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From: New Hampshire
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Posts: 19,706

Re: Reaction Engines

UK spacecraft project completes major review

Reaction Engines has passed the first development milestone for a hybrid rocket engine designed to power its single-stage-to-orbit Skylon spacecraft.
Passing the preliminary requirements review has kept the programme on track to launch a demonstration of a full-scale Sabre test engine before 2020, Reaction Engines says.
The UK-based start-up calls Sabre potentially the “greatest advance in propulsion since the jet engine”.
Unlike two-stage-to-orbit designs, the Skylon is designed to take-off from a runway and launch into space without a booster stage. At high altitudes, the air-breathing engine uses a pre-cooler system to dramatically raise the pressure ratio of oxygen entering the ramjet inlet. This cooled, compressed air is then mixed with liquid fuel and combusted in a rocket engine.
The latest review of the full-scale engine comes about three years after Reaction Engines completed a series of component-level tests.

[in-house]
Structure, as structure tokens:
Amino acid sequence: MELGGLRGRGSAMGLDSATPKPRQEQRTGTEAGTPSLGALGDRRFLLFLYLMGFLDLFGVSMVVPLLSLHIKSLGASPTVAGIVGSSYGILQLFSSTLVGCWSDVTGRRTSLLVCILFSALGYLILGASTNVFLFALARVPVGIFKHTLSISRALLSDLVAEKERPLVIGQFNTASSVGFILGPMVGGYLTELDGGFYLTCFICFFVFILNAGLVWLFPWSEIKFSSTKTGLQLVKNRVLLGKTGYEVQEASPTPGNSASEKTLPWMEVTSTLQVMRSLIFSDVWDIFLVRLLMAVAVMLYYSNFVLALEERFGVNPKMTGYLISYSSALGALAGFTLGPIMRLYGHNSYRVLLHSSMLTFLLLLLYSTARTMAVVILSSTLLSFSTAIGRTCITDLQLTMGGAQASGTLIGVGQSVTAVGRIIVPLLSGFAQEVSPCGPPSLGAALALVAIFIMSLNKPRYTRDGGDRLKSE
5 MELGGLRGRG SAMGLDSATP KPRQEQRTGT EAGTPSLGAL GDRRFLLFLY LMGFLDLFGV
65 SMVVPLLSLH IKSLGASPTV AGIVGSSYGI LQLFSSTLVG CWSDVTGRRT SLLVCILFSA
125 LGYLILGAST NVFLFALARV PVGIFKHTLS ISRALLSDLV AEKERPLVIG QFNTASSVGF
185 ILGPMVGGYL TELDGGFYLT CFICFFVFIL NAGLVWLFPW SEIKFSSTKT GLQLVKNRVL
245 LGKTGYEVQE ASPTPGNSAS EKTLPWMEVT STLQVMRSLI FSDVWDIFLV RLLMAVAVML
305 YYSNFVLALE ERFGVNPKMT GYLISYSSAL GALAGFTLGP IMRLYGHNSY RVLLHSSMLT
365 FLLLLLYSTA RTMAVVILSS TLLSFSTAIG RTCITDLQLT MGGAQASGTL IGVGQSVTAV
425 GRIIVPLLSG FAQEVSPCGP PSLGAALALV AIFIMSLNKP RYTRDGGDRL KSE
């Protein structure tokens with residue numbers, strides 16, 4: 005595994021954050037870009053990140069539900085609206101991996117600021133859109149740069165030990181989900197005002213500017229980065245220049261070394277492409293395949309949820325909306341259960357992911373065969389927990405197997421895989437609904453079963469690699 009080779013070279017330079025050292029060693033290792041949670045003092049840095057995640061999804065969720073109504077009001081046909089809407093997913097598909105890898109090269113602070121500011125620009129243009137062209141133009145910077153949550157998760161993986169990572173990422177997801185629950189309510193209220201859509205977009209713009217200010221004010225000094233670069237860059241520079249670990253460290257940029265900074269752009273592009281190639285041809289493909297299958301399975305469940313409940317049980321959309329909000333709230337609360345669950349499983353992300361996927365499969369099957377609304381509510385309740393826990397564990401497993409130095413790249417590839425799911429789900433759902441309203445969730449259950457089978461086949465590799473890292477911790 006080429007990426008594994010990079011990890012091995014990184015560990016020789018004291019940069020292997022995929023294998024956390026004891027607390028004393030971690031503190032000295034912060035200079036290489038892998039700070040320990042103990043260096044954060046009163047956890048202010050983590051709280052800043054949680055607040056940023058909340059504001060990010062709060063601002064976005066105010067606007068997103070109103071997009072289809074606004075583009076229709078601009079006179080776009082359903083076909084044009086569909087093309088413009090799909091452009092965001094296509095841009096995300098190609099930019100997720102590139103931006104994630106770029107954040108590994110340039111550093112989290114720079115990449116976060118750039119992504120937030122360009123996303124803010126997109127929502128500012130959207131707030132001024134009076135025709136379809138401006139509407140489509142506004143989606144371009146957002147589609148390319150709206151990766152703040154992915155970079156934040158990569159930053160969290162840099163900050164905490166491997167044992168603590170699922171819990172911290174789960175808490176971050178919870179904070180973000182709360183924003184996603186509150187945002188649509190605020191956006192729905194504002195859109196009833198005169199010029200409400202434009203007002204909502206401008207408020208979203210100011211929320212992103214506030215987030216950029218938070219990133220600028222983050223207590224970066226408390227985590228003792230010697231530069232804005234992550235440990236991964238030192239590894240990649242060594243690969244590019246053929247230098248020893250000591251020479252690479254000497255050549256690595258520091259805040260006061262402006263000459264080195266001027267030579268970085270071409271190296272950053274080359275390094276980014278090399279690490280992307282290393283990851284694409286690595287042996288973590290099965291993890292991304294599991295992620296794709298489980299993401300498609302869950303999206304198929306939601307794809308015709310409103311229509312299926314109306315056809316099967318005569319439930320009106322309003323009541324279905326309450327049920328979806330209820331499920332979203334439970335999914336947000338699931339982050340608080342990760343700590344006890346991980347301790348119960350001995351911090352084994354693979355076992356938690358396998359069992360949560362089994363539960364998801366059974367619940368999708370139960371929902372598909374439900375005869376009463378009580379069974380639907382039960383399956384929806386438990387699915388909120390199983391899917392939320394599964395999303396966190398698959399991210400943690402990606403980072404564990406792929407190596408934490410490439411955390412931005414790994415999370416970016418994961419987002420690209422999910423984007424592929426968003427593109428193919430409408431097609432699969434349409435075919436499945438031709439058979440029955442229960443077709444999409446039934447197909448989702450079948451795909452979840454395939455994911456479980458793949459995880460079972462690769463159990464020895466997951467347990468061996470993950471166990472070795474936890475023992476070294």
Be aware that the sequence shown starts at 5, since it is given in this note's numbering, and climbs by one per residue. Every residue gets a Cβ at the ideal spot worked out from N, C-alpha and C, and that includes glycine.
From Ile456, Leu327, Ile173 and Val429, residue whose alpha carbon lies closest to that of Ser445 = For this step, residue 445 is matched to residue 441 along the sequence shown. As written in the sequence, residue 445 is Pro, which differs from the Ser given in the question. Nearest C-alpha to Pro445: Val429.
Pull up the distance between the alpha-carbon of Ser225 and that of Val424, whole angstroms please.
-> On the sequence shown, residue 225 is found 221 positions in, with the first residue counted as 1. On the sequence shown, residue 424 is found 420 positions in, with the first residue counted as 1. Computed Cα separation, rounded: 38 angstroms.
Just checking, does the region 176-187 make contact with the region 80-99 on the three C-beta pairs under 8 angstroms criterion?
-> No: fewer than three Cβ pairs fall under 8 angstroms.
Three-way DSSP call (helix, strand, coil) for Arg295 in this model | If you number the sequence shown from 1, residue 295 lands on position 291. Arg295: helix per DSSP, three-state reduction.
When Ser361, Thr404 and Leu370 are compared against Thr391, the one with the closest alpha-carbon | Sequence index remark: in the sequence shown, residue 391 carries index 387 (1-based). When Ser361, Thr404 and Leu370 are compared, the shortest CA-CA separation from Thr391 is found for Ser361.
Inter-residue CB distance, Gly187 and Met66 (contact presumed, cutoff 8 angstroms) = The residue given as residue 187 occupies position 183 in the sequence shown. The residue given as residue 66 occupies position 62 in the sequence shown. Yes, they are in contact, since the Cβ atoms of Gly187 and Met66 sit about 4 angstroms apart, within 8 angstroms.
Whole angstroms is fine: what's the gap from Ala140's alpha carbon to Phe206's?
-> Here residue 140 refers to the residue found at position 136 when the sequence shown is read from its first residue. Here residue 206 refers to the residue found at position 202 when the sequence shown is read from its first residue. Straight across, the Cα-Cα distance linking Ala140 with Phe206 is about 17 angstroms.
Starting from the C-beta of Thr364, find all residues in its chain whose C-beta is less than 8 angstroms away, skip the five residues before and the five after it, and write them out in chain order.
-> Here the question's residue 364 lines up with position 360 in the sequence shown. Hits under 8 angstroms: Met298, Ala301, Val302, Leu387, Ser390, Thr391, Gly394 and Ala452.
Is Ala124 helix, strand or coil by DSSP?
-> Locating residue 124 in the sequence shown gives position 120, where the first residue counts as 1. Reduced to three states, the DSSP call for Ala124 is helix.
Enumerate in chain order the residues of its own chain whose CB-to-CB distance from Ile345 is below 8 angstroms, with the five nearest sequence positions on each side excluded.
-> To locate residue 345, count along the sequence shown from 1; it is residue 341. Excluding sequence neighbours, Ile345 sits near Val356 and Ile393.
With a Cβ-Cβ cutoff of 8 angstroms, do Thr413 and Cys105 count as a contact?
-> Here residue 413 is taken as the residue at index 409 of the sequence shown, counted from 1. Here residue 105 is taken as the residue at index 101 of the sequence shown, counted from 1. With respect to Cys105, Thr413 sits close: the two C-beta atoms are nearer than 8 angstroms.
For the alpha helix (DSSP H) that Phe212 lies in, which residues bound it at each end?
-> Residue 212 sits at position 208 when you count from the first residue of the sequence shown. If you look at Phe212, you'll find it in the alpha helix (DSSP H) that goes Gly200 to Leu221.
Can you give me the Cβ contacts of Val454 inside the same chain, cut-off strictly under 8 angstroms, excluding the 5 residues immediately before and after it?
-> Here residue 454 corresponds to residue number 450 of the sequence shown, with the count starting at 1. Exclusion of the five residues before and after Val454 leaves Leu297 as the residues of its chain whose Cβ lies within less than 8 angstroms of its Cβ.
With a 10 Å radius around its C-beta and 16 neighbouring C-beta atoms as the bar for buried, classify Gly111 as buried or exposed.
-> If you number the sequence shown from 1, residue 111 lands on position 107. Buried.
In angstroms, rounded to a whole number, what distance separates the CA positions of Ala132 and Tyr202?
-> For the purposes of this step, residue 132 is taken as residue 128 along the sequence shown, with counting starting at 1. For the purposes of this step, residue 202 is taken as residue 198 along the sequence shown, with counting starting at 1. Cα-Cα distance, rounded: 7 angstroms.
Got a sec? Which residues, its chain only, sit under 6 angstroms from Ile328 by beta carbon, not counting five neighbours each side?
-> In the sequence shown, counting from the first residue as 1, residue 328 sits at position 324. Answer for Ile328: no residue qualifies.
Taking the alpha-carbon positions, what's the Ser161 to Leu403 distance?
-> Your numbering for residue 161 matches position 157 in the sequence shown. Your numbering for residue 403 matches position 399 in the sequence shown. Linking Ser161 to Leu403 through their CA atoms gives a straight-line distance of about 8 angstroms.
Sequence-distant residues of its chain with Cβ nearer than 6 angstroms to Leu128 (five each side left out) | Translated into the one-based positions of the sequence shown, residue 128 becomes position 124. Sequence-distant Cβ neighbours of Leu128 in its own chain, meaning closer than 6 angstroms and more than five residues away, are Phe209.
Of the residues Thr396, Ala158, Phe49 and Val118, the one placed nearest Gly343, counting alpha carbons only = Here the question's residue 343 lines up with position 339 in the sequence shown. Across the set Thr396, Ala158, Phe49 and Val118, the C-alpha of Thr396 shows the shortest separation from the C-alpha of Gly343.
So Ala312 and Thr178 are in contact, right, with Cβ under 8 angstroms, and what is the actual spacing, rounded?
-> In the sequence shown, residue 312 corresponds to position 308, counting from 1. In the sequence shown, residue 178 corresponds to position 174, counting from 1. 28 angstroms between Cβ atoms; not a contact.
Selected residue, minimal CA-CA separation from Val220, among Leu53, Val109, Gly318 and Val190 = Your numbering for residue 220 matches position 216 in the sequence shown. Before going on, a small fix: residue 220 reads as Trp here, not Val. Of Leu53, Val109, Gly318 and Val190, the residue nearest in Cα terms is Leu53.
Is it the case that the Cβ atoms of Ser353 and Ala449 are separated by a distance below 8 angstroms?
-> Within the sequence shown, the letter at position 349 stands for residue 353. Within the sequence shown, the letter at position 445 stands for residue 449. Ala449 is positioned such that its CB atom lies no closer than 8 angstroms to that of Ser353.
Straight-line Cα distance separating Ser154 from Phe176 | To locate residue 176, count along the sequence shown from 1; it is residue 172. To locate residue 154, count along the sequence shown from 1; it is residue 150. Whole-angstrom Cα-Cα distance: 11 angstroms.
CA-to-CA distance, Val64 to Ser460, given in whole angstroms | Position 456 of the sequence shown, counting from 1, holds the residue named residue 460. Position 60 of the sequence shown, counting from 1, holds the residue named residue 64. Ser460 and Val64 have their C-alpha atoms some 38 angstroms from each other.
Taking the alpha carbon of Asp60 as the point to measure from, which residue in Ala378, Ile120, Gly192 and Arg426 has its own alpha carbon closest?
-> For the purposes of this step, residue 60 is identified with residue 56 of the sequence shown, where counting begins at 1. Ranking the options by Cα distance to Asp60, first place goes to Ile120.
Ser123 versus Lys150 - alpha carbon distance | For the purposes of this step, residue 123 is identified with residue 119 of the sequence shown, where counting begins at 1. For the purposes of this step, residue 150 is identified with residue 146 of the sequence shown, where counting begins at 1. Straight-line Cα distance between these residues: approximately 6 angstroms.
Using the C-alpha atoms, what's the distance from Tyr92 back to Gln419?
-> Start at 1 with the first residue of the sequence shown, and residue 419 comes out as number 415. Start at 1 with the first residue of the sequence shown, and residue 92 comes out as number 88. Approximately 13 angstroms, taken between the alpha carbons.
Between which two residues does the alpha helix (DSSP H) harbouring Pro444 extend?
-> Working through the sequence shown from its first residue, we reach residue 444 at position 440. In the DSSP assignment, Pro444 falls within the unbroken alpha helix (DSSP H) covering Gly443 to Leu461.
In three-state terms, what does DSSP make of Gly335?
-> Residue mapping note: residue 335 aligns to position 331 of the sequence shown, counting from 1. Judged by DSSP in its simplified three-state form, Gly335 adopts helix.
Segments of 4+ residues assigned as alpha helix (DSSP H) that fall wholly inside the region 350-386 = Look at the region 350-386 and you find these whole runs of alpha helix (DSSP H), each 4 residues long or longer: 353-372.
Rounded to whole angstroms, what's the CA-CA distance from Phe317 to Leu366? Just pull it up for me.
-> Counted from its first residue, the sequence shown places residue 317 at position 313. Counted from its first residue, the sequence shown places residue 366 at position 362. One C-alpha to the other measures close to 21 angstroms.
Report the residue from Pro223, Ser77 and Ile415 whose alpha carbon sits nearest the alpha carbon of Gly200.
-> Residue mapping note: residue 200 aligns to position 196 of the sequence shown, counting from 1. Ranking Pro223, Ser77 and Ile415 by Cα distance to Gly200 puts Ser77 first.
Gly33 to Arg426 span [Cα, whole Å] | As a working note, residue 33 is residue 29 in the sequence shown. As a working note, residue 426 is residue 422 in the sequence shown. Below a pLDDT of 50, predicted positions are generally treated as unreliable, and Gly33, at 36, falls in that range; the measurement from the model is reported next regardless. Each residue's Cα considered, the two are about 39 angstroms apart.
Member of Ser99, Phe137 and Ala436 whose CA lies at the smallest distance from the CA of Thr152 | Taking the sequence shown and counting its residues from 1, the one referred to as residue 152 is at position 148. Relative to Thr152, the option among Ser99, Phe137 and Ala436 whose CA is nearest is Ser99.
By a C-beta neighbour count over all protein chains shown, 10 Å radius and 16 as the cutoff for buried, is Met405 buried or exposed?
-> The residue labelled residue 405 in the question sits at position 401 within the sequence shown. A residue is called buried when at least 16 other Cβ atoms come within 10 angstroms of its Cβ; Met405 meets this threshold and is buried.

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#31 2015-01-29 15:05:17

Quaoar
Member
Registered: 2013-12-13
Posts: 489

Re: Reaction Engines

Here is a mars mission concept based o Skylon orbital transport:

https://www.youtube.com/watch?v=Uj45Au3KCRg

It uses a GW-like orbital assembly facility

http://exrocketman.blogspot.it/2014/02/ … ility.html

and an artificial gravity long axis spinning spaceship-

Last edited by Quaoar (2015-01-29 15:10:17)

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#32 2016-05-09 14:07:40

Antius
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From: Cumbria, UK
Registered: 2007-05-22
Posts: 1,003

Re: Reaction Engines

Had an idea yesterday that probably belongs under reaction engines.